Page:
I’ve watched, as many of you have, the story unfold concerning accusations that Pulaski County football players used “racially insensitive” remarks during last Friday’s win at Tates Creek.
It’s troublesome. There’s no doubt about it.
And if this investigation is able to determine PC players did use racial slurs, then obviously those young men should face consequences.
But as someone who has followed the rise of Pulaski County High School football since its inception, I feel some conclusions have been drawn that perhaps are unfair to the program and the school system — and some have been drawn that are unfair to Tates Creek, too.
No. 1, there is no way this type of behavior was “taught” by the PC coaching staff. I have known head coach John Hines since we had classes together at SCC and I can tell you this man would never knowingly allow any racist comments to be uttered by his players.
I’m convinced that John Hines wants his players to be decent human beings as they reach adulthood. He teaches his players as much about being good citizens as he does about being good football players. That’s why he’s been a successful coach for over three decades.
No. 2, let’s not jump to the conclusion that this behavior is a result of “bad parenting.”
Kids have all kinds of technology that enable them to jump down all kinds of rabbit holes. While it’s true that any player who took part in this behavior should be punished, let’s not lose sight of the fact that they’re teenagers. I screwed up when I was that age. Most of you did, too. And, no, my screw-ups were not the result of bad parenting. They were the result of me being an idiot with a whole lot to learn about life.
No. 3, let’s not assume the Pulaski administration doesn’t care about these accusations and is not taking the investigation seriously. That’s patently false. Superintendent Patrick Richardson, PCHS principal Rodney McAninch, PCHS athletic director Brian Miller and Hines are all working to get to the bottom of this mess.
No. 4, let’s certainly not assume Tates Creek players are making false accusations because they lost a football game. I have spoken to some folks in Lexington regarding this issue and they are genuinely hurt by some of the remarks that were made last Friday night.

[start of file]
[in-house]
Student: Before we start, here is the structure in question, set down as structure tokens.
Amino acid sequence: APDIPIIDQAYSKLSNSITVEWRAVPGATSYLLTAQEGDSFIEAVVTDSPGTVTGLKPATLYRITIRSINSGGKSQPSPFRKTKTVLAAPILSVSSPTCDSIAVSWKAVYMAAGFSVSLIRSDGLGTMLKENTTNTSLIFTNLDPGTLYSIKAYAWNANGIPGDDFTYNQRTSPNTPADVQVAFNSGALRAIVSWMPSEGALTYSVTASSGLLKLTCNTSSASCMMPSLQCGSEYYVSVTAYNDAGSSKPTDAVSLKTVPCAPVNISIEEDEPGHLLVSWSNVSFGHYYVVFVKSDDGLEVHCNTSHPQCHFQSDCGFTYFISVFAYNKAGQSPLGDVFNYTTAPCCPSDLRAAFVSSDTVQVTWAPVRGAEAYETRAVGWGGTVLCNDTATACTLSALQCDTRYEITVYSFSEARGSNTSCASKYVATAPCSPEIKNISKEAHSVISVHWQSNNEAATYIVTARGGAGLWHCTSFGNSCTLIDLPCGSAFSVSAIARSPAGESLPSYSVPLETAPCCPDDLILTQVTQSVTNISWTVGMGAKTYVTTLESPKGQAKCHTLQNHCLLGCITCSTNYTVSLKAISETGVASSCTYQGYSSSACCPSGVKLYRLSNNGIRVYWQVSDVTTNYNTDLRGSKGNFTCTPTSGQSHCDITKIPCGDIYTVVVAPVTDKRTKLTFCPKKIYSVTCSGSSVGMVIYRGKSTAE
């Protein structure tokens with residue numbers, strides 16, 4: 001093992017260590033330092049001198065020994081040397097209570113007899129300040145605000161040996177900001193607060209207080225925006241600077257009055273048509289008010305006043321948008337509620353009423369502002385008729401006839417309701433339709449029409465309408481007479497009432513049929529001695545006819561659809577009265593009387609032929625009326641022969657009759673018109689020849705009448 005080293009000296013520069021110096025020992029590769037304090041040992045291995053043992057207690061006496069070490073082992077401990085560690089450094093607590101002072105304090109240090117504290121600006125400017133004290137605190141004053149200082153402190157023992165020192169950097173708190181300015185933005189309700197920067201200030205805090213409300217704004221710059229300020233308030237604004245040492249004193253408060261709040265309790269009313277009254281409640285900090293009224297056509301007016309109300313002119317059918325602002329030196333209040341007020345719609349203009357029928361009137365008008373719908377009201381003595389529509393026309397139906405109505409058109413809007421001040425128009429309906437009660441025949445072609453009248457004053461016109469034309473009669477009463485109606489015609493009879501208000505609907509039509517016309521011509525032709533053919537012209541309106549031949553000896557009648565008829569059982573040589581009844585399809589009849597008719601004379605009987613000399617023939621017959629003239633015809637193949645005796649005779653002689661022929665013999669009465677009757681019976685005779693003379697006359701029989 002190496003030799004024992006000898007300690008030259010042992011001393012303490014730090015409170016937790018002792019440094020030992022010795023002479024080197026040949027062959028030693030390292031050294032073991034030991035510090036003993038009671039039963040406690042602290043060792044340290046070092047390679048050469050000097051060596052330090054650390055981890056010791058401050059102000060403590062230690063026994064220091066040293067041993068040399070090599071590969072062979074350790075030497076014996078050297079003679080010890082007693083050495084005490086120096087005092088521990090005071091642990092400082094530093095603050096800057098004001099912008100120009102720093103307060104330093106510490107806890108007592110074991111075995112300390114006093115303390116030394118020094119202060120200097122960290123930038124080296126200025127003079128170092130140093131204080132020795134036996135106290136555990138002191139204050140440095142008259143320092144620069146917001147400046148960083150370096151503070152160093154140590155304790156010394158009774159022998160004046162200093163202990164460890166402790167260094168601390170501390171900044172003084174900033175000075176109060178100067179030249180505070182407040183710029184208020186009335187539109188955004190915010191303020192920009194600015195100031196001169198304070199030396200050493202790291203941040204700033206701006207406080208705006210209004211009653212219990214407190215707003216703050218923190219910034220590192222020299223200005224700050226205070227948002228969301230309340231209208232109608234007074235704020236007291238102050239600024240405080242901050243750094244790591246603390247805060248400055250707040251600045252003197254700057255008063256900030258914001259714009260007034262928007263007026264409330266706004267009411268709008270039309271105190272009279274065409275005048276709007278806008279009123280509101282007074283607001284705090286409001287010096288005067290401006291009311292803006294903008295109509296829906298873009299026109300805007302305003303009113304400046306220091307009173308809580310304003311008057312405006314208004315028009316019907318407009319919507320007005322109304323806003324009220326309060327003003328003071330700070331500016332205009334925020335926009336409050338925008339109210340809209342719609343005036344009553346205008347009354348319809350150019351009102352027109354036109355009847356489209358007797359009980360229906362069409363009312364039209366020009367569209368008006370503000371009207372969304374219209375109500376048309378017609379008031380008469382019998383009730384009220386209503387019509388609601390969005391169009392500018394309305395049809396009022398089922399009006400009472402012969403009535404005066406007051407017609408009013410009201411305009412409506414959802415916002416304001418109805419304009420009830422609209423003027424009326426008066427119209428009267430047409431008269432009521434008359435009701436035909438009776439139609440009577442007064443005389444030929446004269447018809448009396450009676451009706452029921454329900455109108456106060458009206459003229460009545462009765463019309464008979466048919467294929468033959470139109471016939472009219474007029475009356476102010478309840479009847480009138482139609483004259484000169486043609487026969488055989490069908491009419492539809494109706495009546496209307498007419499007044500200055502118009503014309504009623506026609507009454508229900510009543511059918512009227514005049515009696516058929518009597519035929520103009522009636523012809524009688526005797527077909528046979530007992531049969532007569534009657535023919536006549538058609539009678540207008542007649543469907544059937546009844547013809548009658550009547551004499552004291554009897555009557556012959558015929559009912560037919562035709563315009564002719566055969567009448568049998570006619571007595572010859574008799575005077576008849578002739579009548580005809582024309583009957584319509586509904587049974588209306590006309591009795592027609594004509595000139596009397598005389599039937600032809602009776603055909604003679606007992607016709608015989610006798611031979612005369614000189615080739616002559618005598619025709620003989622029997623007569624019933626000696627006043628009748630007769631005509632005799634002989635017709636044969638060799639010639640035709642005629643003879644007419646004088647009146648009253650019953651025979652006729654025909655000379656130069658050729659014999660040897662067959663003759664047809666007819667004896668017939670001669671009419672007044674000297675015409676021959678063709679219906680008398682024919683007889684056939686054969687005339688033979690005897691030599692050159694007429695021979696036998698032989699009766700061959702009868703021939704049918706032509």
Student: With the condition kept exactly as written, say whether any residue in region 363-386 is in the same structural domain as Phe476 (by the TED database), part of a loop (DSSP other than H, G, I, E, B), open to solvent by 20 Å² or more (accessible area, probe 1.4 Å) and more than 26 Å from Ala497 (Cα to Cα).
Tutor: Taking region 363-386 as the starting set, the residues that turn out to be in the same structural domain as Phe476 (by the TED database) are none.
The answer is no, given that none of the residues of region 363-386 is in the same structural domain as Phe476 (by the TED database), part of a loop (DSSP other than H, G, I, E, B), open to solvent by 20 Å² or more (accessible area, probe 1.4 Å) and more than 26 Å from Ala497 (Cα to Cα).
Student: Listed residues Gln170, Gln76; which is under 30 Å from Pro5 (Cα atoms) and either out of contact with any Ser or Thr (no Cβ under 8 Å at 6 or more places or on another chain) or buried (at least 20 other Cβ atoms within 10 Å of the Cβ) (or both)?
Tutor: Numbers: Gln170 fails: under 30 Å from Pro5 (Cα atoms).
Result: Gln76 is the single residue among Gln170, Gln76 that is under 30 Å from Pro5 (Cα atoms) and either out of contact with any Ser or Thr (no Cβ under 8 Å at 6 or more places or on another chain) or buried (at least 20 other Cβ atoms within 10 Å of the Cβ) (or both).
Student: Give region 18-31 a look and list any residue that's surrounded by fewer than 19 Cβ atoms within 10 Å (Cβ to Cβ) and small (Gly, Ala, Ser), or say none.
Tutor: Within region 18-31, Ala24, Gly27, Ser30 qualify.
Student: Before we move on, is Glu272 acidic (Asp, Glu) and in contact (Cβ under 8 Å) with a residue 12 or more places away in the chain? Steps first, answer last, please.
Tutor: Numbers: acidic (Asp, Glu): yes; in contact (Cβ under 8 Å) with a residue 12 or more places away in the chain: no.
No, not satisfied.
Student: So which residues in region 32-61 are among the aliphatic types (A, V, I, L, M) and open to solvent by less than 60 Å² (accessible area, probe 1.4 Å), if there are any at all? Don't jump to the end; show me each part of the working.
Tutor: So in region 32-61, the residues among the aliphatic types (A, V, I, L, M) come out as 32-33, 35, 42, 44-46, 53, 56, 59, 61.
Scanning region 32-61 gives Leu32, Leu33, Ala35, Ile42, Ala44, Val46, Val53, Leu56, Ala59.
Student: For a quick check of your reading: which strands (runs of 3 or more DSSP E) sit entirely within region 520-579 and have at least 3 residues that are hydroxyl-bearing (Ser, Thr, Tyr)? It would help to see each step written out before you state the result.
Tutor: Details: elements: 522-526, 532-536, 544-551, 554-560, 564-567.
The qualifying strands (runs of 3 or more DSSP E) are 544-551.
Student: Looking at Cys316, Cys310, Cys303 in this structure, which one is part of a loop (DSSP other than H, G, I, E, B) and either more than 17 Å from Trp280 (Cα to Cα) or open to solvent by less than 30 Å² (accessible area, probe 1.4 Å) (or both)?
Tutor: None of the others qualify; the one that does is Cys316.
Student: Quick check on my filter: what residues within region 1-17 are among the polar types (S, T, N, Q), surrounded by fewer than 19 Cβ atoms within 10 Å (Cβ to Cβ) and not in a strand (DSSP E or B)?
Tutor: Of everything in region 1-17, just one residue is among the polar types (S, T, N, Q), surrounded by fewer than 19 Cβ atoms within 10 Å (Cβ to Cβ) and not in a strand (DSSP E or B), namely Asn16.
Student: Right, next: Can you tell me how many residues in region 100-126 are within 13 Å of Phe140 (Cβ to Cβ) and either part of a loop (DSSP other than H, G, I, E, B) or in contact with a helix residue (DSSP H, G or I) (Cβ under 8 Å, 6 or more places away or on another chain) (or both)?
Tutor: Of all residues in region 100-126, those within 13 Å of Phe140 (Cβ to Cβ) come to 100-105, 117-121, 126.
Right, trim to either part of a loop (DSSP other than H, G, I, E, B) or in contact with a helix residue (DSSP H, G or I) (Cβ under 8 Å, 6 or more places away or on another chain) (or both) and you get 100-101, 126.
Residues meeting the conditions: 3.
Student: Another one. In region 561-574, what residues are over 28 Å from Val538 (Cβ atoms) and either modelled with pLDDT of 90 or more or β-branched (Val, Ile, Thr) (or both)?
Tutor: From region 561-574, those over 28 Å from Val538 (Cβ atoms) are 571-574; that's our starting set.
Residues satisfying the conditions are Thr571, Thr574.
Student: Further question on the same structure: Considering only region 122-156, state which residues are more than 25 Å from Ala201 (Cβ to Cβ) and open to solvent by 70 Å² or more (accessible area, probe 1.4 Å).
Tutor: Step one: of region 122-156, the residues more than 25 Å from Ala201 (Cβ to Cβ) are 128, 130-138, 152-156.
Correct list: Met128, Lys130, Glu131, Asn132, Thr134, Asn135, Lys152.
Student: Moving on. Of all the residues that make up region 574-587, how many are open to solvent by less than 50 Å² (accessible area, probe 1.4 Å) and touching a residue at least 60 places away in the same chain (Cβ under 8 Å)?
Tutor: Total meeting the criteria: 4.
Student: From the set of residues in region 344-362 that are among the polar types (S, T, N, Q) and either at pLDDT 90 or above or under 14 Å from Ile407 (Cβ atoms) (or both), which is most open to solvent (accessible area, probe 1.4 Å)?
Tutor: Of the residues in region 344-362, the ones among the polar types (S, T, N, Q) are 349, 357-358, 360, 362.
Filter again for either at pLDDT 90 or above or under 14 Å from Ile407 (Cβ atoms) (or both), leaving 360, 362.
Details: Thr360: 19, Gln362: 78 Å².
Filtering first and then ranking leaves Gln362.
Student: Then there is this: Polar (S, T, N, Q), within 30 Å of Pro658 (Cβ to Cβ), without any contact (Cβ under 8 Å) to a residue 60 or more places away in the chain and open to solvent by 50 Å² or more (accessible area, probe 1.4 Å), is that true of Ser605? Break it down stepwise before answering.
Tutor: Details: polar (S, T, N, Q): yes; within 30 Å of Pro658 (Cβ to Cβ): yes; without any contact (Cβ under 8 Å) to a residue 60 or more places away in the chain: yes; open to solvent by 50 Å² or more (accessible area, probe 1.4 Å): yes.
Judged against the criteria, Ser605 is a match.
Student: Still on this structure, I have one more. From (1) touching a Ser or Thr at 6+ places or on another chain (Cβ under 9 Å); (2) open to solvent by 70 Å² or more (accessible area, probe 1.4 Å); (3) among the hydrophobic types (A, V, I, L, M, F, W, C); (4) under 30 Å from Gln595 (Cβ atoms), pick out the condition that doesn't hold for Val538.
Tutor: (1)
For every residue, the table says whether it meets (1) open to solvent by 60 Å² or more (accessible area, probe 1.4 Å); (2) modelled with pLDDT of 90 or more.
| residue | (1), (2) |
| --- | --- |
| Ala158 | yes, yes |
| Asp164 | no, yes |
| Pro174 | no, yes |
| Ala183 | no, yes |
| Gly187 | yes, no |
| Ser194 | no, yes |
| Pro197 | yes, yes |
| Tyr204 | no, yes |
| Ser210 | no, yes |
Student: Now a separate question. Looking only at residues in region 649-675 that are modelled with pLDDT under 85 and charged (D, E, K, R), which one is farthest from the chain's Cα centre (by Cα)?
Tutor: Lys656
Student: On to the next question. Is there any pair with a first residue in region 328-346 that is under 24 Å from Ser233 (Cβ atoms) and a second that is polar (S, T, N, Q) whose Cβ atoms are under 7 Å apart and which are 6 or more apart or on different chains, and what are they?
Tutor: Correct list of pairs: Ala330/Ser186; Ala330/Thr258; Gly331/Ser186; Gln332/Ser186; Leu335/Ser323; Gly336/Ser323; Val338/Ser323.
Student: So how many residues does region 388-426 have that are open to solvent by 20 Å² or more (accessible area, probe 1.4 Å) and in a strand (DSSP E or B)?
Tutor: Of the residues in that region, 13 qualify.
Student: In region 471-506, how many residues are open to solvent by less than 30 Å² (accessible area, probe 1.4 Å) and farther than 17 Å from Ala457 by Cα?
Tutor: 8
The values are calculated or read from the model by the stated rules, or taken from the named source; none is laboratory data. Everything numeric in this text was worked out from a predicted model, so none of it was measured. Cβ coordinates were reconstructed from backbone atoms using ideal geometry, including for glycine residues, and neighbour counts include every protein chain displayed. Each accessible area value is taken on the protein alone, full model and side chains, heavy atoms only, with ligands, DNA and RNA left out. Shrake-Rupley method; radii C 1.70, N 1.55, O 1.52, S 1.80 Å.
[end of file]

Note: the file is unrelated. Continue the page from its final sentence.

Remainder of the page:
No. 5, please let’s not write off racial slurs as “trash talk.” They are not.
When you make a racial slur, you are spewing hurtful words based on your opponents’ skin color. That transcends any sort of chippy player babble. That’s pure hate. There’s no place in any sport for calling one of your opponents a racial slur.
No. 6, let’s not assume that every Pulaski County football player was complicit. That’s not true. As a matter of fact, I was told that several PC players were urging the ones making insensitive remarks to stop. And that’s a good thing — a silver lining, if you will.
The best thing we can do as a community is to allow the Pulaski administration and the Kentucky High School Athletic Association to conduct their investigations and arrive at accurate conclusions that aren’t rushed or dictated by public outcry on either side.
So what should happen if players who made these remarks are identified? My feeling is severe punishment and ridicule is not what these kids need. What they need is education and instruction on sensitive issues, such as race.
The Pulaski County football program can use this ugly incident as a teaching moment — whether any players are ever identified as culprits or not.
It will just serve as another way to help make solid citizens out of its players.
JEFF NEAL is the Editor of the Commonwealth Journal. Reach him at email@example.com. Follow him on Twitter at @jnealCJ.